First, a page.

Food and agricultural business leaders can use the results from a recent Purdue University study to better understand and manage talent within their organizations.
The "Performance Management in Agribusiness Survey," conducted by the Center for Food & Agricultural Business in 2015, explored trends in performance management, specifically within food and agricultural businesses.
The study was the basis for the National Conference for Agribusiness in November. The survey garnered responses from more than 600 agribusiness professionals.
A themes report based on the survey and the center's talent management model explores six key areas: (1) strategy and talent requirements, (2) talent acquisition, (3) performance management, (4) learning and development, (5) engagement and retention and (6) succession planning. It is available for free download at http://agribusiness.purdue.edu/TalentReport.
"Survey respondents confirmed what we suspected: Performance management matters," said Michael Gunderson, Purdue associate professor of agricultural economics and associate director of the Center for Food & Agricultural Business. "Historically, economics researchers haven't really focused on understanding the roles of individuals in the economy or within the business environment. Businesses are made up of individual people, so we can't ignore their roles, their individual differences or the ways management can successfully lead the people within their organizations."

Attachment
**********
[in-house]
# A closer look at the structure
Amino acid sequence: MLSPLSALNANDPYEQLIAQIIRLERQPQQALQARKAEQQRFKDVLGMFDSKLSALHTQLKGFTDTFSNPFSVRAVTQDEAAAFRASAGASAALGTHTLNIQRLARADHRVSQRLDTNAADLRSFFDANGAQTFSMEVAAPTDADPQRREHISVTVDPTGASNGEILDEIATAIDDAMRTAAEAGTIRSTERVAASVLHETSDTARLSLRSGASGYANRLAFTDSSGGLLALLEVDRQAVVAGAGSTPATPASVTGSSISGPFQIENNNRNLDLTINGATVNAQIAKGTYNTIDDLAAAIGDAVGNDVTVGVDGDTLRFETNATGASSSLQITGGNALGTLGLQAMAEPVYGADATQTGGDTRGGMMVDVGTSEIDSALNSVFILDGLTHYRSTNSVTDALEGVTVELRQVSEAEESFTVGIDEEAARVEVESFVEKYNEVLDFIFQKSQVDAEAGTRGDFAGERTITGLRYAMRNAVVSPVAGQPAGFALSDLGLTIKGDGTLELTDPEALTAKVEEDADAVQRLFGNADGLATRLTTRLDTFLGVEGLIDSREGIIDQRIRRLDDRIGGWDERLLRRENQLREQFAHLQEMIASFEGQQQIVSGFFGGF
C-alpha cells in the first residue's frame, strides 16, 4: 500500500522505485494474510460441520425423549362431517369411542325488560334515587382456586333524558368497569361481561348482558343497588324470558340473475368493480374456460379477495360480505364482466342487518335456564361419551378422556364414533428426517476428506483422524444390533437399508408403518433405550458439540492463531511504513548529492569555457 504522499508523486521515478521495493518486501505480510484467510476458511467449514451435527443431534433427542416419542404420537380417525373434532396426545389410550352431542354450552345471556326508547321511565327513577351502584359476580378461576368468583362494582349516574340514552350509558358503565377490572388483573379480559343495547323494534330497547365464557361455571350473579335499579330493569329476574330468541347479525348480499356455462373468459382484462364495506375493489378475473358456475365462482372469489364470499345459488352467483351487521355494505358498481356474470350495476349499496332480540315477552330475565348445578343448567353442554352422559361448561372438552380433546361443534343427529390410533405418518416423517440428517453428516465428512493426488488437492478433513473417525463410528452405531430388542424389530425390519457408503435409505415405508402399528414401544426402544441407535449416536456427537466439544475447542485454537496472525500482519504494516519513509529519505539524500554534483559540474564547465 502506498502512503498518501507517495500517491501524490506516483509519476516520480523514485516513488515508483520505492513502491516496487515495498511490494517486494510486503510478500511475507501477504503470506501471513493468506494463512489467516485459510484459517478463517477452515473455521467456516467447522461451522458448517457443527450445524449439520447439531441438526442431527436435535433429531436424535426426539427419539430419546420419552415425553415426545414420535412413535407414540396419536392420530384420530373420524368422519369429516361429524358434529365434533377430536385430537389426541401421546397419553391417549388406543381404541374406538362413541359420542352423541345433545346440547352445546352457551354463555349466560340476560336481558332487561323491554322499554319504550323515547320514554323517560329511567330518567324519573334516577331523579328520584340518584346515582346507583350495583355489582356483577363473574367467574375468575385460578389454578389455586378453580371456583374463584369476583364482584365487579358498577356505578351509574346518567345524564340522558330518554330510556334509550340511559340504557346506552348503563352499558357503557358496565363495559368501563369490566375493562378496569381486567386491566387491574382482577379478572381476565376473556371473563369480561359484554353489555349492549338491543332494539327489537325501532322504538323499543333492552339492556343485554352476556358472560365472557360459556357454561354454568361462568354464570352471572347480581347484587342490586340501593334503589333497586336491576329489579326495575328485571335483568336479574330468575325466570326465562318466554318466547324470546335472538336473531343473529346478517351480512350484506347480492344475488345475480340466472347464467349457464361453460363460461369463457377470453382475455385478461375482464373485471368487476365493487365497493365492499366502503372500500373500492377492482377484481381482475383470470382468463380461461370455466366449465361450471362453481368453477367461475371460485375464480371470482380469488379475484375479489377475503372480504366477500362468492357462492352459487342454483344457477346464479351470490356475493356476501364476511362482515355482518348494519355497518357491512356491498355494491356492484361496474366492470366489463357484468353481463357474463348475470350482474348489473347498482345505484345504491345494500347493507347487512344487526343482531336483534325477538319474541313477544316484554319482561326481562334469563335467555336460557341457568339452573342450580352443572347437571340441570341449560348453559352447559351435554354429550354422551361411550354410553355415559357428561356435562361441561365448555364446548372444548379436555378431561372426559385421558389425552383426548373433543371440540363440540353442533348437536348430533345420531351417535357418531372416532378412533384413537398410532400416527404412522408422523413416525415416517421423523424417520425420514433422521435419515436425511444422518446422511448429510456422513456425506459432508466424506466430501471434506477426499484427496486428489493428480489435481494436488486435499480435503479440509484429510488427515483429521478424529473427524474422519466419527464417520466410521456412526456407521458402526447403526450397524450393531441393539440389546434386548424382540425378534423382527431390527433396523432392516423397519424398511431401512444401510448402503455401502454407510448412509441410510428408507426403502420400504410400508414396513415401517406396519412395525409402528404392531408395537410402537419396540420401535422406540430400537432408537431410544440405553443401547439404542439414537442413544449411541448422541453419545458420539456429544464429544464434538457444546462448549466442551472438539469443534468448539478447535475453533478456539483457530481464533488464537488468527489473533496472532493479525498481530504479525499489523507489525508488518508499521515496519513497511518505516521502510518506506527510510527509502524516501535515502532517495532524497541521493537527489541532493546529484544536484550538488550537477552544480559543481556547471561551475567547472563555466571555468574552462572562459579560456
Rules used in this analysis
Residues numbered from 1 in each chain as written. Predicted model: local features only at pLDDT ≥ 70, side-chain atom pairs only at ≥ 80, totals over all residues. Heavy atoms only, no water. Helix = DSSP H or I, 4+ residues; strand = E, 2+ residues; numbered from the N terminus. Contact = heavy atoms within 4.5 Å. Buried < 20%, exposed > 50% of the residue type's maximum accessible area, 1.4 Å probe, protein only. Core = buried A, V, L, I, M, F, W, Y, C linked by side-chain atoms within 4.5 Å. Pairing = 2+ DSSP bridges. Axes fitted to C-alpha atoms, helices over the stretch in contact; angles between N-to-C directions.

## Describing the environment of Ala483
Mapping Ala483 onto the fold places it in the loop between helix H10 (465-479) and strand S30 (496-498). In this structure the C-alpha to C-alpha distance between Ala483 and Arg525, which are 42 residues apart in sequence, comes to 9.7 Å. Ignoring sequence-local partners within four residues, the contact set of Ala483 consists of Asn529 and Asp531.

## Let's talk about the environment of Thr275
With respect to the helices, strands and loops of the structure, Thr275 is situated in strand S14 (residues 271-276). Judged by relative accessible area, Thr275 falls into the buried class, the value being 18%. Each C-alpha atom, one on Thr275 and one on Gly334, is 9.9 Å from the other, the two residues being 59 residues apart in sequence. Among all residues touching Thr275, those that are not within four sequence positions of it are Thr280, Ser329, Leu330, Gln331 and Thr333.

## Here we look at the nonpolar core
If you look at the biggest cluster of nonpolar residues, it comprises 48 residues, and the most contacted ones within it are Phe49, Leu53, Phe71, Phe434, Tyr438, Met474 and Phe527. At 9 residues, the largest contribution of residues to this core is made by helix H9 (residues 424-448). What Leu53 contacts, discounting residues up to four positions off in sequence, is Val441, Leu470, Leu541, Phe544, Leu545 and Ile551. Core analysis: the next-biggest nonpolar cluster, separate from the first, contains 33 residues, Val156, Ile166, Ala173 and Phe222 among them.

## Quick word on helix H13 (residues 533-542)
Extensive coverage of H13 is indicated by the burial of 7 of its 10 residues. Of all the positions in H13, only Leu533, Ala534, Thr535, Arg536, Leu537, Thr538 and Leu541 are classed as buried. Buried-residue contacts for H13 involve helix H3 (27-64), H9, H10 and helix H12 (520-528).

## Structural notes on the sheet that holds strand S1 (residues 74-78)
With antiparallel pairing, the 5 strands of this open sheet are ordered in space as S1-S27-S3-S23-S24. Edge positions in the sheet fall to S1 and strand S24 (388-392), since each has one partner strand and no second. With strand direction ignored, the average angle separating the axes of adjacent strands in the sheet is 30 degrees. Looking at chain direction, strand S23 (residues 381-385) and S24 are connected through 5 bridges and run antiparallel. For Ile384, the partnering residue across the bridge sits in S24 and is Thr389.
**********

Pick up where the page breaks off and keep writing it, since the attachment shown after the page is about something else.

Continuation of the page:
The goals of the survey included assessing how business leaders grade themselves on performance management and how employees grade their companies' overall performance management strategies and understanding the links between these strategies and employee performance.
Employees responding to the survey said they were motivated by challenging goals, Gunderson said.
"Notably, it was employees, rather than managers or executives, who were more likely to respond that goals weren't challenging enough," he said. "This suggests that if there is a question regarding the challenge, managers might push employees a bit further."
Another key survey finding is that managers in some areas have difficulty finding the right balance of managing performance based on outcomes versus employee behaviors.
"Some managers struggle in conducting performance management with only results in mind, given that sometimes luck can play a role in outcomes," Gunderson said. "In our survey, sales, marketing and human resources professionals were much more likely to use a combination of outcome and behavioral assessment relative to finance and operations professionals."